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‘Shoes Off Design’: Face-to-face vs remote engagement in Human Centred Design

While designing an app for parents with children between the ages of 0-2 in Liverpool, we booked a prototype testing engagement session booked with parents at a children’s centre. Personally, this was one of my first sessions working with the company and I didn’t really know what to expect. So with devices ready and a notepad in hand, I entered the room ready to give everyone a formal greeting and reel off a mental script about the app and what it does. To my surprise, sat down on the floor already were the mums and dads with their kids, playing. At this point it only seemed natural to join them, so the shoes came off and we sat down for a play and a chat about the product.

The important thing about this story is that it’s all about getting comfortable with our users. We didn’t want to come across as the ‘techy’ interviewer guys, coming in to talk in detail the ins and outs of a new app. Instead we formed a real connection with the parents (and their babies) and got some awesome engagement and feedback out of it.

Whatever field you are in, the HCD (Human Centred Design) process naturally has one common denominator: humans! Talking, interacting, laughing, creating – it is so important to be engaged with somebody in order to better understand their needs.

Digital product design involves interfaces and their specific elements which are governed by a huge variety of different users: older, younger, male, female, public and professional. With such a wide range, the success of these interfaces is hard to determine without meaningful engagement with individual users. You can find data to support any group of users but every one is unique, so real engagement is key.

Different stages of the HCD process require different sessions and approach. For example, in the discovery stage, a session may be more about asking lots broad questions and allowing for people to talk openly to gain a wide array of answers, but always pertaining to the project scope. Questions and cues can be used in tandem, such as “in an ideal world how would tech help you?” followed by “can you elaborate on this?” prompts. We should always try to dig deeper and ask ‘why’ to really gain the motivations behind the insight. Further down the line in the development stage where testing prototypes are concerned, it could require setting up tests such as A/B, or a ‘show me, tell me’ session, with certain stricter navigation for users to follow, as we have assumptions at this stage which need to be tested. Preparing the right session for the right process stage is key.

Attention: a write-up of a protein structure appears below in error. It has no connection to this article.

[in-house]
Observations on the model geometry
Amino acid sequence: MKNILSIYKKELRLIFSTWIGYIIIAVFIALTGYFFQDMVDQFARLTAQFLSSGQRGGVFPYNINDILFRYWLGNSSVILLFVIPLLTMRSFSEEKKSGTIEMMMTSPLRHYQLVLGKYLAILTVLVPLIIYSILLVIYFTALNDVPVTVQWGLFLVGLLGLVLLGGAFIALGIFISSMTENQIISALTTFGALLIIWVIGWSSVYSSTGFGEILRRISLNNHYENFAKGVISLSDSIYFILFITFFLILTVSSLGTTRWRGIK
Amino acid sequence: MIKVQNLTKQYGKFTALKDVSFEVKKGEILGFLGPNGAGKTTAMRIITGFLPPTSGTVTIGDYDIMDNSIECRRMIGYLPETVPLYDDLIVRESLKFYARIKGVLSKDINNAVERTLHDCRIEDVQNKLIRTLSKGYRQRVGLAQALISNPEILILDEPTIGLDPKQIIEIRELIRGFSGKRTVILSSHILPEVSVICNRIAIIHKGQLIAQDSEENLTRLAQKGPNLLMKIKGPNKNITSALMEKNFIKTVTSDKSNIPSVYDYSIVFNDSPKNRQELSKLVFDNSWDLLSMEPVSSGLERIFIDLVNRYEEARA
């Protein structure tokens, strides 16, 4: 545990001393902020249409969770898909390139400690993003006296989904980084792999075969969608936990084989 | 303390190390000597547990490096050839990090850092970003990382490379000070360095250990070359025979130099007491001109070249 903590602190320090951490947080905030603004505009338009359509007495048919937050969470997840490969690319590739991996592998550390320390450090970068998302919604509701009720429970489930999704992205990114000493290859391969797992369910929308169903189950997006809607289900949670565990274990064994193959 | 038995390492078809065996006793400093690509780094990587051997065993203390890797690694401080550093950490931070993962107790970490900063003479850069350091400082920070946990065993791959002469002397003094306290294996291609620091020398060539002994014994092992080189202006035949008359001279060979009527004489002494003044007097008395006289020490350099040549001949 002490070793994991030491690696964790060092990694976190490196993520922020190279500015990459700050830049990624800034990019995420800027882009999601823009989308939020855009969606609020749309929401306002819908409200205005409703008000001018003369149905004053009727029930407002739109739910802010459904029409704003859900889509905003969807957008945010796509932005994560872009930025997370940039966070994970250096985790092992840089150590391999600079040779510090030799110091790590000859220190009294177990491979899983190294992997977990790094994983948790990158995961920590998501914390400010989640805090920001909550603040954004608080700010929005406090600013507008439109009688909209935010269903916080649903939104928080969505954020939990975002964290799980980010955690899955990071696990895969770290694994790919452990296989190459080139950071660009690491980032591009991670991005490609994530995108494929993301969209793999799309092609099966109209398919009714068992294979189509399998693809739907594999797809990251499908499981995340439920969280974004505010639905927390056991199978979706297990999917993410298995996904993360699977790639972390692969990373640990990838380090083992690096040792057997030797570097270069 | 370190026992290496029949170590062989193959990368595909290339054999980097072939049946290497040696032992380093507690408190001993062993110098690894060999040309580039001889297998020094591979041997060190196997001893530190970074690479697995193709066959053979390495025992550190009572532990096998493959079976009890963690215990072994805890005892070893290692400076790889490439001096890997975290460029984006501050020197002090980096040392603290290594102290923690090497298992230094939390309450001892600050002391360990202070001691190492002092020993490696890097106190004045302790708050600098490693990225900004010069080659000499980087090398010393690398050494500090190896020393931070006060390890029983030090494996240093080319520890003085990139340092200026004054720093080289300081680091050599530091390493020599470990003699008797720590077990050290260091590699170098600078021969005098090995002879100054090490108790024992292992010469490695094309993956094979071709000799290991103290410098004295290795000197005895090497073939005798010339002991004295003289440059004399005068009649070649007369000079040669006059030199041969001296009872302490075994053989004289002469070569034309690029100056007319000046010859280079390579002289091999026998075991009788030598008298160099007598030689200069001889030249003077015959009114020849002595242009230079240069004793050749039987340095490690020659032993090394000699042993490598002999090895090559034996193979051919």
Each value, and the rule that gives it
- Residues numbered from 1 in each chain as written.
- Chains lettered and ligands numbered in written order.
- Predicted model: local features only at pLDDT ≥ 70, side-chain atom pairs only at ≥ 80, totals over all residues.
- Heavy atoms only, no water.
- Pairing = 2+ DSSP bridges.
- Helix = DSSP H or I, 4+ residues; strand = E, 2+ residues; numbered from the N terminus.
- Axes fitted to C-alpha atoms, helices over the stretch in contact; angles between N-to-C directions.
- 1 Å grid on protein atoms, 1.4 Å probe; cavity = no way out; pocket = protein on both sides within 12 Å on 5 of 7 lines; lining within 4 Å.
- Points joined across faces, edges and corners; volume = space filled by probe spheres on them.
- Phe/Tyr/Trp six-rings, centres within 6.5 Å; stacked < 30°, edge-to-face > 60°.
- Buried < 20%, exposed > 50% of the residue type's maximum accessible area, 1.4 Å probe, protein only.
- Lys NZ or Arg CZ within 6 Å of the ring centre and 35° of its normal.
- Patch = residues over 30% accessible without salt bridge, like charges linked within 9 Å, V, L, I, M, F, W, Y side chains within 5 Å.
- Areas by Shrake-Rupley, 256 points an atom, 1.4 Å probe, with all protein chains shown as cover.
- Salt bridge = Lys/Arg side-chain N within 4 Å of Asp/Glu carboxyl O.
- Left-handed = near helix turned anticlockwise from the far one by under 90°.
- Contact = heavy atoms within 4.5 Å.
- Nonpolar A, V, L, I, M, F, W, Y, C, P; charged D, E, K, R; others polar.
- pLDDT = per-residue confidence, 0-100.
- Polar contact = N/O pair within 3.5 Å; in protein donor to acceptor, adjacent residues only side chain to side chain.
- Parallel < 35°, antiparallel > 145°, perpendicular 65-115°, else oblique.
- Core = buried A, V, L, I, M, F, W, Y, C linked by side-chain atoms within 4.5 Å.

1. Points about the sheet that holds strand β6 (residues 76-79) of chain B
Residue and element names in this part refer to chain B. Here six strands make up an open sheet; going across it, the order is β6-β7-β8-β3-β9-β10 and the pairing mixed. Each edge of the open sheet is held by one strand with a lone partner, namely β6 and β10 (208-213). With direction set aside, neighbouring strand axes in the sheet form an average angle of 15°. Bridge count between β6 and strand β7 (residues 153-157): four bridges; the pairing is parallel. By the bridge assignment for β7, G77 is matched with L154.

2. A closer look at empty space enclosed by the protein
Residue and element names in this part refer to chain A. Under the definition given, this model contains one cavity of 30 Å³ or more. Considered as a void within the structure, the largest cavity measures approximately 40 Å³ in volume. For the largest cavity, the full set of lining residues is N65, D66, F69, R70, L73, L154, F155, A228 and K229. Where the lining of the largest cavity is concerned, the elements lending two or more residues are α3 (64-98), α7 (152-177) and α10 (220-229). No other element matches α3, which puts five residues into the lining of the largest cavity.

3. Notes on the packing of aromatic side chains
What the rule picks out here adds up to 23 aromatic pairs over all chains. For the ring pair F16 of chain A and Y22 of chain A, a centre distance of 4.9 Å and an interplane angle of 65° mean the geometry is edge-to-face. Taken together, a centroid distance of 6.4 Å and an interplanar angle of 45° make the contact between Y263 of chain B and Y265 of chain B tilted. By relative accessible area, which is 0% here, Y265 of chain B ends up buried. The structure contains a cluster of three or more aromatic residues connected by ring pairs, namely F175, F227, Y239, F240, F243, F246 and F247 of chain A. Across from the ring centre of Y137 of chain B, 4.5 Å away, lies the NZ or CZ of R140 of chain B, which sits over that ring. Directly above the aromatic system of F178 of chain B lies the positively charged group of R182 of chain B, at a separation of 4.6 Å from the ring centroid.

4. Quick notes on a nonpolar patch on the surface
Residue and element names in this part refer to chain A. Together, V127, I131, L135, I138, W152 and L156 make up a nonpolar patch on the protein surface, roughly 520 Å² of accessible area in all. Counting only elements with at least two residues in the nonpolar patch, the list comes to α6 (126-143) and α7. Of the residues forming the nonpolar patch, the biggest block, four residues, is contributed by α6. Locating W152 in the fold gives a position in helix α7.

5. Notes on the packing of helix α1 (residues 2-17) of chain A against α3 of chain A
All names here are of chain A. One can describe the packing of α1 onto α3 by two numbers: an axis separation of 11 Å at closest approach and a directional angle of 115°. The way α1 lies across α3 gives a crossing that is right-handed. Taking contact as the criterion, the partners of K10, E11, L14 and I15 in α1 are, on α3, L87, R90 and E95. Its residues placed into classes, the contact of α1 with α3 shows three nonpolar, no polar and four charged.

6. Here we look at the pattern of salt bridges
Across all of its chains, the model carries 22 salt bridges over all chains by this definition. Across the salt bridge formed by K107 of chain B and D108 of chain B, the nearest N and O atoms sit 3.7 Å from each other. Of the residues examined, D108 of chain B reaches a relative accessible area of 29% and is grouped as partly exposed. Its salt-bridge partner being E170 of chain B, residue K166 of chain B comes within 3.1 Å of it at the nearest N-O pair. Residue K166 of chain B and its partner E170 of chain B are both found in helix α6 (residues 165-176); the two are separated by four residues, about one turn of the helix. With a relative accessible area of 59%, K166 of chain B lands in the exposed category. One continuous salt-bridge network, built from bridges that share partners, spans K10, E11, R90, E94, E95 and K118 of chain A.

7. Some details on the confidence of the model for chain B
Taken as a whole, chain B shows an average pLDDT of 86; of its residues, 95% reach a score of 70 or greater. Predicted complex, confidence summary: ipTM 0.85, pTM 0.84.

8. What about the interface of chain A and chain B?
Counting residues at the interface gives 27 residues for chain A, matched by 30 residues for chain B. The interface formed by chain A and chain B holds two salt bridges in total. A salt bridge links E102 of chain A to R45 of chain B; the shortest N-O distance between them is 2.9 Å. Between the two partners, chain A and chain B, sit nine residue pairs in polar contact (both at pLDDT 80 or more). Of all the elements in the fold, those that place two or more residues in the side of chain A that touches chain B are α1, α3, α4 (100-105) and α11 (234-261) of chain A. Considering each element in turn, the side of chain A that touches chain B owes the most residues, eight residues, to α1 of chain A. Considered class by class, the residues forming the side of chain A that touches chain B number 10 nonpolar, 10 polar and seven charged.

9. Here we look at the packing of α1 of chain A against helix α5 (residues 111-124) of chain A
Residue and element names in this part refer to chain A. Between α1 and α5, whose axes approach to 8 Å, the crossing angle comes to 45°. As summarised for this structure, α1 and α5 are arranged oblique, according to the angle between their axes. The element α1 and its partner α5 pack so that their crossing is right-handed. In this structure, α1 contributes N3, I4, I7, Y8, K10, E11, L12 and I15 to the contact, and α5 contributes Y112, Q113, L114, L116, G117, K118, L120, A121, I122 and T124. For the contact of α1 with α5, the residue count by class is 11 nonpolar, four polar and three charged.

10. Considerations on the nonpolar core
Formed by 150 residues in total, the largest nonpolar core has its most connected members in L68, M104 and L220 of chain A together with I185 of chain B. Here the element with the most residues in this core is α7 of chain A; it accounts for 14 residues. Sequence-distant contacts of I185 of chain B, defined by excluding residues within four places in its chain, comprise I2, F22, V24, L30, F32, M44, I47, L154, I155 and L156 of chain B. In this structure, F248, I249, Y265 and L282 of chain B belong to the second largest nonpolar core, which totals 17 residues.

What does meaningful engagement look like normally, and does it differ during these testing times? How can we adapt to still produce products that will add significant value to a user, and one that they will love? This article will cover the importance of getting stuck in with users both face-to-face and remotely, comparing ways and techniques in which we can gain meaningful user interactions and insights.

Face-to-Face Engagement

At Damibu we are firm believers in the importance of the engagement sessions we host. As previously mentioned, each stage of the HCD process requires a slightly different approach, whether it’s 1-1 interviews, focus groups, co-creation or product testing.

It’s important to make the most of being face-to-face with users when you have this luxury, to create a more personal experience, so the user feels acknowledged and listened to. This is because there are certain things that in-person engagement allows that remote does not (and vice versa). It’s important to recognise the value of things like bringing along snacks or treats for participants, being able to involve everyone in a group and creating fun activities for people, in order to help create a relaxed atmosphere. Some of the best sessions and insights we have had have been working with parents of young children, sat on the carpet chatting and playing – leading to really open and honest insights, which we couldn’t have gathered via secondary research: shoes off design, quite literally!

The relationships formed during these sessions are as important as the insights gathered. As designers we spend a lot of our time trying to get inside a user’s head, so face-to-face engagement is the chance to really get to know who you are designing for. We think of it as a great opportunity to form lasting relationships.

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Remote Engagement

How does this experience look remotely? Thankfully, technology allows us to keep the meaningful interactions the result from working with users. Things like video calls, online prototyping, screen sharing and session recording are all great tools which have allowed us the ability to facilitate. Yet, although the environment of a session can be replicated well, naturally there are still differences. Here are some things we’ve noticed about engaging remotely:

Good:

  • Being able to access more people than usual
  • Less crazy commutes
  • People are at home, so they’re a little less formal

Not so good:

  • Key visual cues missed that could have been used to direct the session
  • People scheduling like mad means they have back-to-back meetings, so are overworked and sessions have stricter timelines
  • Group engagement sessions are a little trickier as it’s harder to bounce off people, and again, read the rest of the group when one person is speaking